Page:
Seems everyone is a cheerleader for the maker movement these days, from President Obama to the Pittsburgh Pirates. Who isn’t in favor of more self-directed, hands-on learning projects; cupcake cars; or kids working with old-fashioned looms?
That’s why—for a lot of maker-oriented folks browsing the internet late last January—Debbie Chachra’s “Why I Am Not a Maker” in the Atlantic made them do a Twitter-scroll double take. It certainly did for me.
“An identity built around making things—of being ‘a maker’—pervades technology culture,” she wrote. “There’s a widespread idea that ‘People who make things are simply different [read: better] than those who don’t.’”
As Chachra, who is an associate professor at the Olin College of Engineering, went on to explain, placing such high value on making things isn’t only buying into an overtly capitalistic mindset—it’s carrying on a gendered history of prioritizing creation of stuff over occupations like caretaking or education, roles historically taken by women.
She also points to the peculiarity that coding has been folded so seamlessly into the maker movement. She attests that’s because we’ve figured out how to sell code—and it’s perceived to be done mainly by men. Meanwhile, teaching and caregiving, traditionally women’s work, isn’t considered part of the “maker” domain.
“Making is not a rebel movement, scrappy individuals going up against the system,” she wrote. “While the shift might be from the corporate to the individual (supported, mind, by a different set of companies selling a different set of things), it mostly re-inscribes familiar values, in slightly different form: that artifacts are important, and people are not.”
Cue the mental tire screech-sound effect at that one.
Although Chachra’s piece may be controversial, as far as I can tell, the general reaction on social media seemed to be an appreciation for her thoughtful critique. People all around the web—maker advocates or not—called it “challenging” or “thought provoking.” She does not hold back. And because so much coverage routinely hails the maker movement as the greatest thing since sliced bread, something that looks at it from a skeptical angle is refreshing to hear.
Of course, the piece elicited response from many who do consider themselves makers, often very proudly. At DML Central, educational researcher Nicole Mirra took Chachra’s critiques one by one.
“Couldn’t we instead proudly embrace our multiple identities and work to draw out the connections between them—the ways that we cannot fully realize our potential as makers until we work on cultivating the crucial caring virtues of listening, empathizing, and loving?” Mirra wrote.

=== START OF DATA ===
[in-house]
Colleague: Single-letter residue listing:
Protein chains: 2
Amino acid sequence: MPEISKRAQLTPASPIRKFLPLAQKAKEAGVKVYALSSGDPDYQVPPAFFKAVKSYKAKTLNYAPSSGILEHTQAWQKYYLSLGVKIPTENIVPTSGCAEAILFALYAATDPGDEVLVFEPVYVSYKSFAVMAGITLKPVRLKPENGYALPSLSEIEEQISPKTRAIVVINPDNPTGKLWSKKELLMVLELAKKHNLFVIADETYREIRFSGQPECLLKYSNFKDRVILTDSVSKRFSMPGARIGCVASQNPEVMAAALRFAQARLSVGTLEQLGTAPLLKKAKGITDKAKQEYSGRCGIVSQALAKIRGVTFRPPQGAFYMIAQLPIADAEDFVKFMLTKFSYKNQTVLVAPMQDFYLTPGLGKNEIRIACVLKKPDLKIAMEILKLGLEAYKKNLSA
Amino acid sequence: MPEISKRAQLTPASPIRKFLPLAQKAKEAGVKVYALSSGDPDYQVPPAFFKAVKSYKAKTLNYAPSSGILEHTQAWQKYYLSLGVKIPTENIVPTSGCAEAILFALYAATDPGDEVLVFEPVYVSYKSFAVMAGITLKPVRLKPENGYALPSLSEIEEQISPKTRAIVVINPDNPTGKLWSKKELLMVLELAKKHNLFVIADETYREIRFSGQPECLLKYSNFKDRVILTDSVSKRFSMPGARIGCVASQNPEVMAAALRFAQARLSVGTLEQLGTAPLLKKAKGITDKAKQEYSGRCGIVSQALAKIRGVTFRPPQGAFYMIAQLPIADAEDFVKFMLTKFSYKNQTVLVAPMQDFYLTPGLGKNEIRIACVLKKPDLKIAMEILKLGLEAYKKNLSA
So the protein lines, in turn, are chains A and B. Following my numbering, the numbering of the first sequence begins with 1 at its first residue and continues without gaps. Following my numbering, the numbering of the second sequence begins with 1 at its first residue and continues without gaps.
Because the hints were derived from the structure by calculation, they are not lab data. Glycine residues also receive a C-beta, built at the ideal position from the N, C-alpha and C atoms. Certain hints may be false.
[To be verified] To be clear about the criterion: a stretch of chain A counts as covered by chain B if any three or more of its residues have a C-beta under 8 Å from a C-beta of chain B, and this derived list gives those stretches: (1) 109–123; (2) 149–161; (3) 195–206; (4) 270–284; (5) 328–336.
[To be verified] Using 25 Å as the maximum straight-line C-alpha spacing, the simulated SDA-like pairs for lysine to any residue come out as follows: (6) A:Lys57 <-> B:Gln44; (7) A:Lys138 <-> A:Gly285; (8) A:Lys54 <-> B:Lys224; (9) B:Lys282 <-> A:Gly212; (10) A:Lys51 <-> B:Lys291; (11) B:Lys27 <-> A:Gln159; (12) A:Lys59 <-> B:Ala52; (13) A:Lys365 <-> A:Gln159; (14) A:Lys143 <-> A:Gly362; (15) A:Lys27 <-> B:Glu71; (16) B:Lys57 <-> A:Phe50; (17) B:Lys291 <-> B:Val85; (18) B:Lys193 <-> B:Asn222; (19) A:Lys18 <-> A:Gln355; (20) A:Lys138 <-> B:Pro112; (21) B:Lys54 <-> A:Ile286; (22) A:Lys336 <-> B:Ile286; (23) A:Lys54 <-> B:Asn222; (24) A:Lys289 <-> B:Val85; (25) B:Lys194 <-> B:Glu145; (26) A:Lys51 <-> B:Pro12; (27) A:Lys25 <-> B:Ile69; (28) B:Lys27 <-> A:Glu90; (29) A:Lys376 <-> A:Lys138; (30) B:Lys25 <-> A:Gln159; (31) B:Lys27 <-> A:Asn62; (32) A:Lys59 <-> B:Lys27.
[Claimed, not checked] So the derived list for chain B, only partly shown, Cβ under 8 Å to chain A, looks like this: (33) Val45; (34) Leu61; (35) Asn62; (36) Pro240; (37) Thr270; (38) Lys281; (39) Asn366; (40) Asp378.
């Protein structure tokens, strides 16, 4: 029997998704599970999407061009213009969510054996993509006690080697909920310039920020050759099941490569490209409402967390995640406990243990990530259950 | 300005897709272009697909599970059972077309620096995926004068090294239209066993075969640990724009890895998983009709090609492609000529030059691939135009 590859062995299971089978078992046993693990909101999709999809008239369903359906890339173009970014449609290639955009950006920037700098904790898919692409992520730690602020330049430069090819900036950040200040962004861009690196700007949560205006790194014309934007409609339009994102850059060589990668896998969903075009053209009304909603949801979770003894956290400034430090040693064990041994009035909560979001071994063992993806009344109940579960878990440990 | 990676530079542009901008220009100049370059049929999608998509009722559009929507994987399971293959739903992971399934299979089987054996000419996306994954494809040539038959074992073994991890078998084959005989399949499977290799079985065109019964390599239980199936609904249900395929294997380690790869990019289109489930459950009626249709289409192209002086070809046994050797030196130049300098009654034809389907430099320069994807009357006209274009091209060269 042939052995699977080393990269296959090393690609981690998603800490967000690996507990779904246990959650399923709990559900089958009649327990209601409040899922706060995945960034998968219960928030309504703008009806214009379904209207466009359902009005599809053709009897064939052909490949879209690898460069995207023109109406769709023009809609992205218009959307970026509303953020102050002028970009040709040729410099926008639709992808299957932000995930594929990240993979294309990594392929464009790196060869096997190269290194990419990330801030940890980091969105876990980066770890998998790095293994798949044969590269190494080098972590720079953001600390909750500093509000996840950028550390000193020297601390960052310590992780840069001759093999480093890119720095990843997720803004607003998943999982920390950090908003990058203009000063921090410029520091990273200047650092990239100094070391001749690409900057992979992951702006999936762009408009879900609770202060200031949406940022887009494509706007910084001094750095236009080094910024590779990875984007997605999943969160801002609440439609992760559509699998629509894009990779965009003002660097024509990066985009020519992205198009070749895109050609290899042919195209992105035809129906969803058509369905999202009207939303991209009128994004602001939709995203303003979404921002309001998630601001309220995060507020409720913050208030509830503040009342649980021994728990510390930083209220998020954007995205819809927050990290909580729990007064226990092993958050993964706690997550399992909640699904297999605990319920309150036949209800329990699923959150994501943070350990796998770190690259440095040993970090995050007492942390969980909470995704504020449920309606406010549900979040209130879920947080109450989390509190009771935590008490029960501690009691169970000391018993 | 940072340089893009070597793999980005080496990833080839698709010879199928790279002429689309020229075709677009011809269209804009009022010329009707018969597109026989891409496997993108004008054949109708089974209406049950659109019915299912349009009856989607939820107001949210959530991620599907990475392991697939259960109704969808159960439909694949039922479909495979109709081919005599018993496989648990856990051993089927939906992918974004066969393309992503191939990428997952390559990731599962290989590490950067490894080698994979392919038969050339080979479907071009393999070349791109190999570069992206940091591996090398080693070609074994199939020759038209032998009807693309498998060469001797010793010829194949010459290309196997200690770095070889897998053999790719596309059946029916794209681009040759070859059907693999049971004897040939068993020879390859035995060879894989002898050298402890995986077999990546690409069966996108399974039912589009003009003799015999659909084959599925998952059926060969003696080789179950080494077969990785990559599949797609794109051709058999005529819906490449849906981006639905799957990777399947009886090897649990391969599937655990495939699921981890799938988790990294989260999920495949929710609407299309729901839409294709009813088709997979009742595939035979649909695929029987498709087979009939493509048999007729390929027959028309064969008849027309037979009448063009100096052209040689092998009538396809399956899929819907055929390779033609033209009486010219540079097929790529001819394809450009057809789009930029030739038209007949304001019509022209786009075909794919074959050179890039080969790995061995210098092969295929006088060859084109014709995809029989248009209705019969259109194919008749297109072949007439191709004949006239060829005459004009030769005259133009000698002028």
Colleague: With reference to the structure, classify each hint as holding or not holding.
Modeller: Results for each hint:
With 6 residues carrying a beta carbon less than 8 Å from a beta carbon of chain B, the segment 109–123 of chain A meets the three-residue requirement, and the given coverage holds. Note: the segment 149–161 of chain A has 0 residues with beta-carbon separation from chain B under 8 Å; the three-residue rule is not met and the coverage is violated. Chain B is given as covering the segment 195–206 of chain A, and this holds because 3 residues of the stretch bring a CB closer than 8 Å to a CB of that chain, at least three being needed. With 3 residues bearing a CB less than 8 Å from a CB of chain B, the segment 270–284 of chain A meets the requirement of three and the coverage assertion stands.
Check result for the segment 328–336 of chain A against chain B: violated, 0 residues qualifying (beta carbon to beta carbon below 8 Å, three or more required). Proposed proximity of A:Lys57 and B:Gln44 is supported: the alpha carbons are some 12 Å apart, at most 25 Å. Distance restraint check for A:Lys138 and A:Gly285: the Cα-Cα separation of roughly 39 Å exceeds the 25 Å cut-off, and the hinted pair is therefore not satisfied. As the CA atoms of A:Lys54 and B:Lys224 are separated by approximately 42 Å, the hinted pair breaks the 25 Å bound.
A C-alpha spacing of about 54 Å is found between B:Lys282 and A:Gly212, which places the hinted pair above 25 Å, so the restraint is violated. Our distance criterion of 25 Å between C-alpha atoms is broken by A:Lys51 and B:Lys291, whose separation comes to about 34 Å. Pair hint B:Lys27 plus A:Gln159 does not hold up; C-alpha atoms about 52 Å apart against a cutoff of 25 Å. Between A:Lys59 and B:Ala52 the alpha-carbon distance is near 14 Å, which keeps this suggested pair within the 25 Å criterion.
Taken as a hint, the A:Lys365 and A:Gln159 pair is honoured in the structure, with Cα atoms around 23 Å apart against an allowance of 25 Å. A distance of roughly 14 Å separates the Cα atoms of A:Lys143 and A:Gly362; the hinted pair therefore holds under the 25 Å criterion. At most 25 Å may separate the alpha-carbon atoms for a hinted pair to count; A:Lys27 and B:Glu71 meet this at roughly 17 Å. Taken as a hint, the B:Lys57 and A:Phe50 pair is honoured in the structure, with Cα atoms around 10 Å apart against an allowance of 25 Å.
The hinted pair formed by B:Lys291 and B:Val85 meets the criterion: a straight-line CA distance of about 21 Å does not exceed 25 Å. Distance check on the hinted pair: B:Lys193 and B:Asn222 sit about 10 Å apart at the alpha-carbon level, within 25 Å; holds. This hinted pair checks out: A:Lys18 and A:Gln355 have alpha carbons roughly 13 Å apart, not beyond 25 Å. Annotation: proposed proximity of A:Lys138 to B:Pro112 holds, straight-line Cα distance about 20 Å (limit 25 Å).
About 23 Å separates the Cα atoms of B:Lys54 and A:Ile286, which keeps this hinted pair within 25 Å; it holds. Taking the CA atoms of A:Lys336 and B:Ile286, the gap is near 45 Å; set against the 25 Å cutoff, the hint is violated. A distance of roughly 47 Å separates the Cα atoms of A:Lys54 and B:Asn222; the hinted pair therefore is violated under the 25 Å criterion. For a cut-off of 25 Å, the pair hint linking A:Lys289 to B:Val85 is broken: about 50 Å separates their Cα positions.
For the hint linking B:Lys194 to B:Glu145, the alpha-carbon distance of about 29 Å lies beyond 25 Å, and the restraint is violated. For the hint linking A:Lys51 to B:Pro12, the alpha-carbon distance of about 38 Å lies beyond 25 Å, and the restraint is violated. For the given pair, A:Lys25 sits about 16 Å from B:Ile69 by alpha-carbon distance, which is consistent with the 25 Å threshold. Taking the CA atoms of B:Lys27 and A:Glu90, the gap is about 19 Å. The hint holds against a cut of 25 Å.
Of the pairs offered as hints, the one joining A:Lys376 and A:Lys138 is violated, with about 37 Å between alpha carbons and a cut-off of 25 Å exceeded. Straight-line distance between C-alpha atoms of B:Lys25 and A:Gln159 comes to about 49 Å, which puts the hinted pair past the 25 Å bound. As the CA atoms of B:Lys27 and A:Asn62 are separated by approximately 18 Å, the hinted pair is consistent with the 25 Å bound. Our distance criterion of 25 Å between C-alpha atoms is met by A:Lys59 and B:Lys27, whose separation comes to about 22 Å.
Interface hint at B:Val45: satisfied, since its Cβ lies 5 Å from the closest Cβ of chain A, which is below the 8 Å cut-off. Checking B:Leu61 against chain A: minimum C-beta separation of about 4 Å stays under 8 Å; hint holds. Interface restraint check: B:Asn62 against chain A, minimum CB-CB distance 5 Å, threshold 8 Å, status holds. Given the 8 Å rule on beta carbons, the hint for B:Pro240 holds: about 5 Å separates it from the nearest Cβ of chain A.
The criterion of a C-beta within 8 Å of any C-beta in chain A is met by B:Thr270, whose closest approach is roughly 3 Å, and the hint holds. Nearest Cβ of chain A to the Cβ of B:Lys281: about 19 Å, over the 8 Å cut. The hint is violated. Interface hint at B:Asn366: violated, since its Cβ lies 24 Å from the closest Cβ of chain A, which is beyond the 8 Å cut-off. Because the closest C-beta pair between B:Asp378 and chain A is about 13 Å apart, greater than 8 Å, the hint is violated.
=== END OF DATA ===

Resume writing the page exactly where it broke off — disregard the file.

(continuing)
Meanwhile, blogger and the chair of computer science at the Baldwin School, Laura Blankenship, noted that the maker movement arose from our existing culture, meaning it brings with it cultural sexism, racism, and classism. But similar to Mirra’s articulations, Blankenship thinks it’s worth trying to change the movement from within.
“The maker movement deserves our critical eye, for sure, but it should be changed and not rejected,” she wrote. “Its focus can’t be on what makes white, middle aged men happy—robots, cool gadgets, cars—but we need to point out when this is happening and correct it.”
As Mirra pointed out in the beginning of her post, there does seem to be a gap in definitions. Although she doesn’t explain it, Chachra’s maker movement seems to focus in on techie, Silicon Valley start-up culture that builds the types of things that could be sold or, at the very least, shown off. But in schools and informal learning spaces, it’s the wondrously frustrating process of making that’s valued—the result of a catapult or a sword or circuit is really only a bonus. Many would likely argue there is no “adult” maker movement and educational maker movement but that it’s one and the same. However, there does seem to be a difference in definitions between what Chachra has experienced and what goes on day in and day out in makerspaces built for kids and their families.
A dialogue on making can’t be a bad thing, though. Along with recognition, at this point the maker movement has gained a key ingredient to any thing that’s ever made an impact: healthy critique.